RESULTS
The residual biomass of Eucalyptus stands with nonnormal distributions, at the 5% of significance by ShapiroWilk’s test, and positive skew (Figure 1) corroborate the use of Gamma distribution for the random component of generalized linear models in this study. Thus, it was shown that the application of traditional statistical techniques, whose normality hypothesis is required, are not entirely adequate for the analysis of residual biomass variable in wood harvesting operations.
Residual biomass distribution (w) of wood harvesting in E. saligna (a) and E. grandis × E. urophylla (b) stands.
By means of the studentized residuals by the leverages (Figure 2), discrepant values were observed in the modeling of E. saligna (Figure 2a) and E. grandis × E. urophylla stands (Figure 2b), which resulted in studentized residuals higher than 2 and 2 in the estimations. However, in these observations, five points in Figure 2a and seven in Figure 2b presented leverage values closer to zero, indicating that they have a low contribution for modeling and can be removed.
Studentized residuals by leverage values in the residual biomass estimation of wood harvesting in E. saligna (a) and E. grandis × E. urophylla (b) stands.
The stepwise procedure resulted on the selection of the covariates: commercial volume ($\mathit{v}$), diameter at breast height ($\mathit{d}$), commercial height ($h$), commercial limit diameter (${\mathit{d}}_{\mathit{i}}$), log $\mathit{d}$ transformation, and the combinations of $\mathit{d}h$, ${\mathit{d}}^{2}h$, ${\mathit{d}}_{\mathit{i}}h$, and ${\mathit{d}}_{\mathit{i}}^{2}h$. Thus, the following regression models were composed for E. saligna (7) and E. grandis × E. urophylla (8) stands for estimating residual biomass ($\hat{w}$):
In Table IV, these models resulted in lowest values of the Akaike information criterion ($\mathit{A}\mathit{I}\mathit{C}$), whose regression coefficients (${\hat{\beta}}_{i}$) were statistically significant at the 1% of significance level, as well as efficient to explain residual biomass variance by the coefficients of determination (${r}_{y\hat{y}}^{2}$) greater than 0.9. In addition, the normalized rootmean squareerror ($\mathit{N}\mathit{R}\mathit{M}\mathit{S}\mathit{E}$) of the models corroborated with their high statistical accuracy, resulting in values close to zero and indicating low residual variances.
Goodness of fits to estimate residual biomass in wood harvesting of E. saligna and E. grandis × E. urophylla stands.
By means of Pearson’s residuals (Figures 3a and 3b), we observed constant distributions of the residuals that showed the absence of heteroscedasticity and systematic errors for estimating biomass. In addition, halfnormal plots (Figures 3c and 3d) indicated that the fitted models were satisfactory, in which the studentized residuals were inside in the simulated envelopes at a 95% of significance level.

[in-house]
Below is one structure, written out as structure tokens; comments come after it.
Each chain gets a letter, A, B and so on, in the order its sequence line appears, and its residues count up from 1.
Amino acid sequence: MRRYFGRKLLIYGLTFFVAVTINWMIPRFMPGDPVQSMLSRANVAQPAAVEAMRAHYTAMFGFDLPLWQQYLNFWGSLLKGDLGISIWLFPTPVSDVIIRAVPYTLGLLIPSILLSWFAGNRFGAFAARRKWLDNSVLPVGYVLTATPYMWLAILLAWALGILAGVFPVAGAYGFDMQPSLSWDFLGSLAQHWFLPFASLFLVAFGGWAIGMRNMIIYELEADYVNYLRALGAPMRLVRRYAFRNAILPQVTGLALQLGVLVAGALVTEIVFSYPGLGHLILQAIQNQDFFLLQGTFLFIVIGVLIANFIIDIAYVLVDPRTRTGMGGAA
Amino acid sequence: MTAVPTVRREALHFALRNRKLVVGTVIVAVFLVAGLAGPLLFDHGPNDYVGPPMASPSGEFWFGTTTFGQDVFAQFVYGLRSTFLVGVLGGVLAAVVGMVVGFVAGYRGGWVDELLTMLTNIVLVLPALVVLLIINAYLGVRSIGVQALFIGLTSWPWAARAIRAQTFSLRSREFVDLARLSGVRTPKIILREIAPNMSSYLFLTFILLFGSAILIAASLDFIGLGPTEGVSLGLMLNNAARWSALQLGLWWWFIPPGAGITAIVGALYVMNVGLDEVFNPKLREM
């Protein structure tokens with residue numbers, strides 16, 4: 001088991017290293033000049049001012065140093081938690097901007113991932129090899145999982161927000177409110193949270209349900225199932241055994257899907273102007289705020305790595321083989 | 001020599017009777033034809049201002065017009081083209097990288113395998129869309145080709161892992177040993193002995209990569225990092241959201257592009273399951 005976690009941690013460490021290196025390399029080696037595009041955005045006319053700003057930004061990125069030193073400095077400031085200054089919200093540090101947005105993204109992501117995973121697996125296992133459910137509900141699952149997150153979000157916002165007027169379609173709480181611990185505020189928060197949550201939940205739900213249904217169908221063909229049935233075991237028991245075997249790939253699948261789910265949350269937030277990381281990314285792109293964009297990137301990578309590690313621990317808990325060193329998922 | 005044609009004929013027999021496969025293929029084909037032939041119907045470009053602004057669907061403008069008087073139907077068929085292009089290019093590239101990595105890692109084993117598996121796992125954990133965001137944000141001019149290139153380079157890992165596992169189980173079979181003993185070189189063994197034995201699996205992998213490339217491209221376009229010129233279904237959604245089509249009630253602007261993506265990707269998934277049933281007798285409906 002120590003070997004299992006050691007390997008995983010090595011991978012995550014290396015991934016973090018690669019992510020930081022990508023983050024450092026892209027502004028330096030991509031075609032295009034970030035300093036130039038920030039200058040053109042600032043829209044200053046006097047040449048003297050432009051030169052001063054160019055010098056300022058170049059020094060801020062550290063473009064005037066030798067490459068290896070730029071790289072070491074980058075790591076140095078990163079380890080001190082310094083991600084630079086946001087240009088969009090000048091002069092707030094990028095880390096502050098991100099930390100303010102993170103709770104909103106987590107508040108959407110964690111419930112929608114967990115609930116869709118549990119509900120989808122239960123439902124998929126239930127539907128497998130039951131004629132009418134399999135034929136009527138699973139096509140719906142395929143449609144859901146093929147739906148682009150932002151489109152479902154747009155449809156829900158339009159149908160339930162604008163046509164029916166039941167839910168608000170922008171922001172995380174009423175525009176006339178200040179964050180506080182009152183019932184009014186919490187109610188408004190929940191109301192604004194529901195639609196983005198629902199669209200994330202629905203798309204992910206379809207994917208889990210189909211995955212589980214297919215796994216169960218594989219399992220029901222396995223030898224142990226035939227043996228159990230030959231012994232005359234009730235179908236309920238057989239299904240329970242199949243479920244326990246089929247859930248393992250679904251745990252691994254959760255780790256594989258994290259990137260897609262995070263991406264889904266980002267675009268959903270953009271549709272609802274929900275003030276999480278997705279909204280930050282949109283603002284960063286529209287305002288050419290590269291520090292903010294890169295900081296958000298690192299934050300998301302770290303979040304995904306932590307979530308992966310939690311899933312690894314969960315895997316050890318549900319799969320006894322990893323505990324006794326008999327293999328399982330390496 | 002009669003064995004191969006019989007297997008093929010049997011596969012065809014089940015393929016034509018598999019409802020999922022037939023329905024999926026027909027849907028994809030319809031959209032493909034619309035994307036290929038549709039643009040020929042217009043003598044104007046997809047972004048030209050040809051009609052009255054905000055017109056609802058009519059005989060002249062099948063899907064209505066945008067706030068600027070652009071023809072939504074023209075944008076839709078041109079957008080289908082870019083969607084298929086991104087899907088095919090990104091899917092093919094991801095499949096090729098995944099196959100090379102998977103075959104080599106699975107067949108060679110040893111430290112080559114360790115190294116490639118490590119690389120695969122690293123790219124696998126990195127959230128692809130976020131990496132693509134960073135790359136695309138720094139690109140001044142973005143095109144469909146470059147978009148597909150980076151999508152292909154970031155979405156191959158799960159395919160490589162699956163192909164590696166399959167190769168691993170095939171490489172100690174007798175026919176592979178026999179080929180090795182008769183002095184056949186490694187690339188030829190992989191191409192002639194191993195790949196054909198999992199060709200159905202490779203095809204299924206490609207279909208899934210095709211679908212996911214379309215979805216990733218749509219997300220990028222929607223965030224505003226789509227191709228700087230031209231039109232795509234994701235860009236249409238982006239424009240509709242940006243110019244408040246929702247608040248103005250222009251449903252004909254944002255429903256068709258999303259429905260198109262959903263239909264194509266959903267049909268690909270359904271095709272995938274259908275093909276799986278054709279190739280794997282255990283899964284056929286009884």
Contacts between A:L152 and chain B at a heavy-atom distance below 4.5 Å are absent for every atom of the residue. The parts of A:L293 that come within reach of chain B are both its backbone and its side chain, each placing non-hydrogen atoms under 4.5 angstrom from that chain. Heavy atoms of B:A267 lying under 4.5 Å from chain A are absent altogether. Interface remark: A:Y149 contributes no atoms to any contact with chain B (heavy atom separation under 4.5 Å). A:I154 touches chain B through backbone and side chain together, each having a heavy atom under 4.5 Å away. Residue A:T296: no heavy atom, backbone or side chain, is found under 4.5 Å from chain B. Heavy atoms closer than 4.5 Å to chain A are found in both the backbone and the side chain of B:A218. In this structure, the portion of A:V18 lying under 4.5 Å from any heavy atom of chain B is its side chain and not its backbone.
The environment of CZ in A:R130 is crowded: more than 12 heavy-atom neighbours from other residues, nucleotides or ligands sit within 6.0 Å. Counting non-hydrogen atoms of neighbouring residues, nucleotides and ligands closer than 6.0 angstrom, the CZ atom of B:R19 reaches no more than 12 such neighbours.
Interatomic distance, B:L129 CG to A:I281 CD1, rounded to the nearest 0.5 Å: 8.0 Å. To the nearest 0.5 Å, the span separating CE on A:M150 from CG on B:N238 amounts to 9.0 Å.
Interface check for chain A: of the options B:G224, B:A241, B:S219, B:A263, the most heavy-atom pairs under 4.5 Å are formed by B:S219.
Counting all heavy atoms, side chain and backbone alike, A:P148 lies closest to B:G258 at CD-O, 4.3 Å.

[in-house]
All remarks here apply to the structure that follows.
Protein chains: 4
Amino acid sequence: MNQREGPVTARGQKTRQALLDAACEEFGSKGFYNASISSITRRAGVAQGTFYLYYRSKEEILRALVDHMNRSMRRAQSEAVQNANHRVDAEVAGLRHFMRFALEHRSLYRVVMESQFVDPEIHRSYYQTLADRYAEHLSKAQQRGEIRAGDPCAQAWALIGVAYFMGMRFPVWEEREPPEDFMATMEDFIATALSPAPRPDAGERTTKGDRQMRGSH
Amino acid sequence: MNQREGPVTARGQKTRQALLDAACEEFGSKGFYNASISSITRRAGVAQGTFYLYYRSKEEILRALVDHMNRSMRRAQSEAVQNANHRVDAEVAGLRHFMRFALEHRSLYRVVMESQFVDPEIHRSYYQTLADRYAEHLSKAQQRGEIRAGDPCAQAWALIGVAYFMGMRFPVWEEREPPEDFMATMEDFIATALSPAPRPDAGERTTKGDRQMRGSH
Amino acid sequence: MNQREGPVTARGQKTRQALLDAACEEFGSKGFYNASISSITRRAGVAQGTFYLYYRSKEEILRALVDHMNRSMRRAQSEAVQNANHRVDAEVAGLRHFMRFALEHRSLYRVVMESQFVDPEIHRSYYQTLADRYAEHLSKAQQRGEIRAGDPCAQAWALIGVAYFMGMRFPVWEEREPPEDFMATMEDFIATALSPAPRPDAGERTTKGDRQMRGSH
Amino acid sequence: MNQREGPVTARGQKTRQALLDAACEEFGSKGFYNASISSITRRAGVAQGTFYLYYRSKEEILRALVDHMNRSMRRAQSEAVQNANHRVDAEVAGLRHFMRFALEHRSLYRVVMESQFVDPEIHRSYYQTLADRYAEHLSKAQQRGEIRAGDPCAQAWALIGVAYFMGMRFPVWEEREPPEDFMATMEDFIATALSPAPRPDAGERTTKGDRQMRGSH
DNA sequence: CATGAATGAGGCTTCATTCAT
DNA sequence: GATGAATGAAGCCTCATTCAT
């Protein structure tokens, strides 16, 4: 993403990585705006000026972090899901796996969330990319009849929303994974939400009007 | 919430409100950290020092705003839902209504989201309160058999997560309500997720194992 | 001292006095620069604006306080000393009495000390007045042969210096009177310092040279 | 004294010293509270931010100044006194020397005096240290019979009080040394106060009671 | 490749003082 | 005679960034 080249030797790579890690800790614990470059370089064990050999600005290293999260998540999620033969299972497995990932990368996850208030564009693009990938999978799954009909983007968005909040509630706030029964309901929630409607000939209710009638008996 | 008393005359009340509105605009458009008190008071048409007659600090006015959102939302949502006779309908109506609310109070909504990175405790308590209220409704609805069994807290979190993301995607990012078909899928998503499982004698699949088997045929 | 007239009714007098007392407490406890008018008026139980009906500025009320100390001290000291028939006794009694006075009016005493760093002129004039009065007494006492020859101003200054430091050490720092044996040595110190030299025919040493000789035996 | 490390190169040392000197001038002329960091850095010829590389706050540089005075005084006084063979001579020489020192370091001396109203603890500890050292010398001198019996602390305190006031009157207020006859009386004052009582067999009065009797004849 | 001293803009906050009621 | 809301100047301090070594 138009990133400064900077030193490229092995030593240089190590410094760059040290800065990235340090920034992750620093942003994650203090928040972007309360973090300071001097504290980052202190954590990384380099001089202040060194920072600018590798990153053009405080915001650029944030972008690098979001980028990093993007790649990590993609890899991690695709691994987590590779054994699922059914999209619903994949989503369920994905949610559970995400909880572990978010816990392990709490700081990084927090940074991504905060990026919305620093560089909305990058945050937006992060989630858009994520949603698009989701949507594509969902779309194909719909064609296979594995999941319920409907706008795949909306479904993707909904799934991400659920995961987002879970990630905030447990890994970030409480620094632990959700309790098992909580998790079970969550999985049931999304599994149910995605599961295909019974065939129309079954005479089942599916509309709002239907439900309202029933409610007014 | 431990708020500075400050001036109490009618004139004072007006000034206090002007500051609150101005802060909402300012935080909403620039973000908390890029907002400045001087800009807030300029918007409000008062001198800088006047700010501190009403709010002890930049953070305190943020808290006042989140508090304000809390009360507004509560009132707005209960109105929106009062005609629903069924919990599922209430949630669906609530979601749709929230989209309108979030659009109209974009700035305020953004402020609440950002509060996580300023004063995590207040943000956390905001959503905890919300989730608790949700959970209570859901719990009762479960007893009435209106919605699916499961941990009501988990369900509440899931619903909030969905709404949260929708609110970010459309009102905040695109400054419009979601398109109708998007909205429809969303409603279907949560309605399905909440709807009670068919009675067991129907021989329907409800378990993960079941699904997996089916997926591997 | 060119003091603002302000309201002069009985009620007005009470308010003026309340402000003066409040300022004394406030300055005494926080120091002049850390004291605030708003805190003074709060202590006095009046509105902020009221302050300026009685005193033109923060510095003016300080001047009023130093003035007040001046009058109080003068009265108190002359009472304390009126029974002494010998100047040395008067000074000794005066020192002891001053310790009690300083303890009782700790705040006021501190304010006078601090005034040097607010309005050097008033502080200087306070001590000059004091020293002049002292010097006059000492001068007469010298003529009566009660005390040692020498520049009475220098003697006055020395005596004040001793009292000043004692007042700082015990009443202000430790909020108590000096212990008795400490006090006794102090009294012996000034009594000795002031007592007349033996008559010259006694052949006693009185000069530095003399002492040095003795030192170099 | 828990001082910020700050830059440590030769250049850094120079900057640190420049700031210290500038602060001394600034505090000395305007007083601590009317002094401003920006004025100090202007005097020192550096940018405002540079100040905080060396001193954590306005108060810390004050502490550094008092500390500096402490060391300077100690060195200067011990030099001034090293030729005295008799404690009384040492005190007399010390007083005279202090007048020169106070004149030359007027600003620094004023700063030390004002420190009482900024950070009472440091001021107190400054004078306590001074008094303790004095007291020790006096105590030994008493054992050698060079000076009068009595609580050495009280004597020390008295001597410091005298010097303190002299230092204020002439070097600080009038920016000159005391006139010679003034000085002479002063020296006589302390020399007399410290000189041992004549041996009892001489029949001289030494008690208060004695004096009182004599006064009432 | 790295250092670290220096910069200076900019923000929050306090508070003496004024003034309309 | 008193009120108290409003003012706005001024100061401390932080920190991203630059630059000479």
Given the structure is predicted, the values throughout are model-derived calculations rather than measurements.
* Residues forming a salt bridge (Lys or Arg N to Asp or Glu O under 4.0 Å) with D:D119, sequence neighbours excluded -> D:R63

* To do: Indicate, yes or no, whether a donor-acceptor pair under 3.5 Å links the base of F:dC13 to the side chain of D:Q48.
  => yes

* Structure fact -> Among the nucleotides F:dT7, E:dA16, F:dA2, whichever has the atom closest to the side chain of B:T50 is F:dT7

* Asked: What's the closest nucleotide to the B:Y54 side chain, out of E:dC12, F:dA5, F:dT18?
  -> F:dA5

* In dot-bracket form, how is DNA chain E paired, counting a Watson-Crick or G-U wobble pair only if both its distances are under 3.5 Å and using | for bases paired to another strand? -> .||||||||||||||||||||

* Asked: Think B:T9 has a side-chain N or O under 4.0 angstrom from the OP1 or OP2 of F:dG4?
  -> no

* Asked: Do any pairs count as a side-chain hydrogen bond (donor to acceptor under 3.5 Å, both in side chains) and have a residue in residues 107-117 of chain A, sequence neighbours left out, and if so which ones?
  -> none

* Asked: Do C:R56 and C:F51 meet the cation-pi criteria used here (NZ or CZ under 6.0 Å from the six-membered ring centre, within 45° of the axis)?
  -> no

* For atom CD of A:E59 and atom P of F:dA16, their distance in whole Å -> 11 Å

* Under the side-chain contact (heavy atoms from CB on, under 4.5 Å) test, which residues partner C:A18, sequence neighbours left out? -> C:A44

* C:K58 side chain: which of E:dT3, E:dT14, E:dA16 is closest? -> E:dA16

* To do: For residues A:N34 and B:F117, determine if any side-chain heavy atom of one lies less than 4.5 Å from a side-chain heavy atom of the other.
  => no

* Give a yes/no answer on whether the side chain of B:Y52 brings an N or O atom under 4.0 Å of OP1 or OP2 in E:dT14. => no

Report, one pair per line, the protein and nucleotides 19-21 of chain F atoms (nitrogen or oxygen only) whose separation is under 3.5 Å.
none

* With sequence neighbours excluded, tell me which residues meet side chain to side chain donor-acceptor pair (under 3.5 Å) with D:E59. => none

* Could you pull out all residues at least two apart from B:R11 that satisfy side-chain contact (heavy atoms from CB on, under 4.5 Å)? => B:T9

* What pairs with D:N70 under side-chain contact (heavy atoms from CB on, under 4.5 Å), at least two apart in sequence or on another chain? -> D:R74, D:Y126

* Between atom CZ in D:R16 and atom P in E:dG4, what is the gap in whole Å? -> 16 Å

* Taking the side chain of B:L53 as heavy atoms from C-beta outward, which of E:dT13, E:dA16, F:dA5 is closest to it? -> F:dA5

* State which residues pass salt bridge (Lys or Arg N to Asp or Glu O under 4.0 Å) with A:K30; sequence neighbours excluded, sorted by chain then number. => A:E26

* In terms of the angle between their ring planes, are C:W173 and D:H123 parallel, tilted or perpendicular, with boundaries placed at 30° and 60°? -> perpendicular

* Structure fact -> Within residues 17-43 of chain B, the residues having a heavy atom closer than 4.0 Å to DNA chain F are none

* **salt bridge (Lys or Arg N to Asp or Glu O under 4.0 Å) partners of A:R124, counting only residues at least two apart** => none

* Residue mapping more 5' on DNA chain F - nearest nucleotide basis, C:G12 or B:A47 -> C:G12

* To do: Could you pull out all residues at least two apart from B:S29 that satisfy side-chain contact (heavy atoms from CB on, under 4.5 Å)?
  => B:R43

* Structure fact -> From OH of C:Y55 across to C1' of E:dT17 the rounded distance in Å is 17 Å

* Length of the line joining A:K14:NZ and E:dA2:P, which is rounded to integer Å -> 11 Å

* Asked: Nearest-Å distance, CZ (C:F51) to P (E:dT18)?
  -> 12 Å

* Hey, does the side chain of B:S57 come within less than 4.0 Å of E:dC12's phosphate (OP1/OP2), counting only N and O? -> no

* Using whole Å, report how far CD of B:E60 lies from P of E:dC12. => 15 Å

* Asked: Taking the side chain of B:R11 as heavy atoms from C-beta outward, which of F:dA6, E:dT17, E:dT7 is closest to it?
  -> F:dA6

Pearson’s residuals in E. saligna (a) and E. grandis × E. urophylla (b) stands and halfnormal plots in the residual biomass estimation of wood harvesting in E. saligna (c) and E. grandis × E. urophylla (d) stands.
DISCUSSION
Some studies have been carried out to evaluate regression models to estimate stump biomass (Palander et al. 2009, Vesa and Palander 2010), productivity (GallisGALLIS C and SPYROGLOU G. 2012. Productivity linear regression models of treelength harvesting system in natural coastal Aleppo Pine (Pinus halepensis L.) Forests in the Chalkidiki area of Greece. Croat J For Eng 33(1): 115123. and Spyroglou 2012, PalanderPALANDER T, KÄRHÄ K and MEHTÄTALO L. 2017. Applying polynomial regression modeling to productivity analysis of sustainable stump harvesting. Scand J Forest Res 32(3): 204212. et al. 2017, BrewerBREWER J, TALBOT B, BELBO H, ACKERMAN P and ACKERMAN S. 2018. A comparison of two methods of data collection for modelling productivity of harvesters: manual time study and followup study using onboardcomputer stem records. Ann For Res 61(1): 109124. et al. 2018), and production and costs (SilayoSILAYO DSA AND MIGUNGA GA. 2014. Productivity and costs modeling for tree harvesting operations using chainsaws in plantation forests, Tanzania. IJFE 3(4): 464472. and Migunga 2014) in wood harvesting methods. However, none of them proposed and evaluated statistical models to estimate residual biomass of Eucalyptus stands or other forest species by means of tree variables measured from the harvester processing head. This evidences that the results of this study are important for the development of science and for application in forest sector.
Residual biomass distributions with positive skew (Figure 1) support the application of generalized linear model and Gamma distribution in the random component, since the normality assumption in traditional linear regression was a requirement not satisfied in this study. In addition, the use of Gamma model is plausible for the analysis of nonnegative continuous data (ManningMANNING WG, BASU A and MULLAHY J. 2005. Generalized modeling approaches to risk adjustment of skewed outcomes data. J Health Econ 24(3): 465488. et al. 2005, Faraway 2016), as for the residual biomass of wood harvesting.
Generalized linear models also has the advantage for eliminating the dependent variable transformation practice, in order to satisfy the classical linear regression assumptions (CordeiroCORDEIRO GM and ANDRADE MG. 2009. Transformed generalized linear models. J Stat Plan Infer 139(9): 29702987. and Andrade 2009, Lo and AndrewsLO S and ANDREWS S. 2015. To transform or not to transform: using generalized linear mixed models to analyse reaction time data. Front Psychol 6: 1171. 2015). Thus, statistical models composed in this study lead to a most explanation of the phenomenon under investigation. These results are especially feasible for data from forest harvesting researches.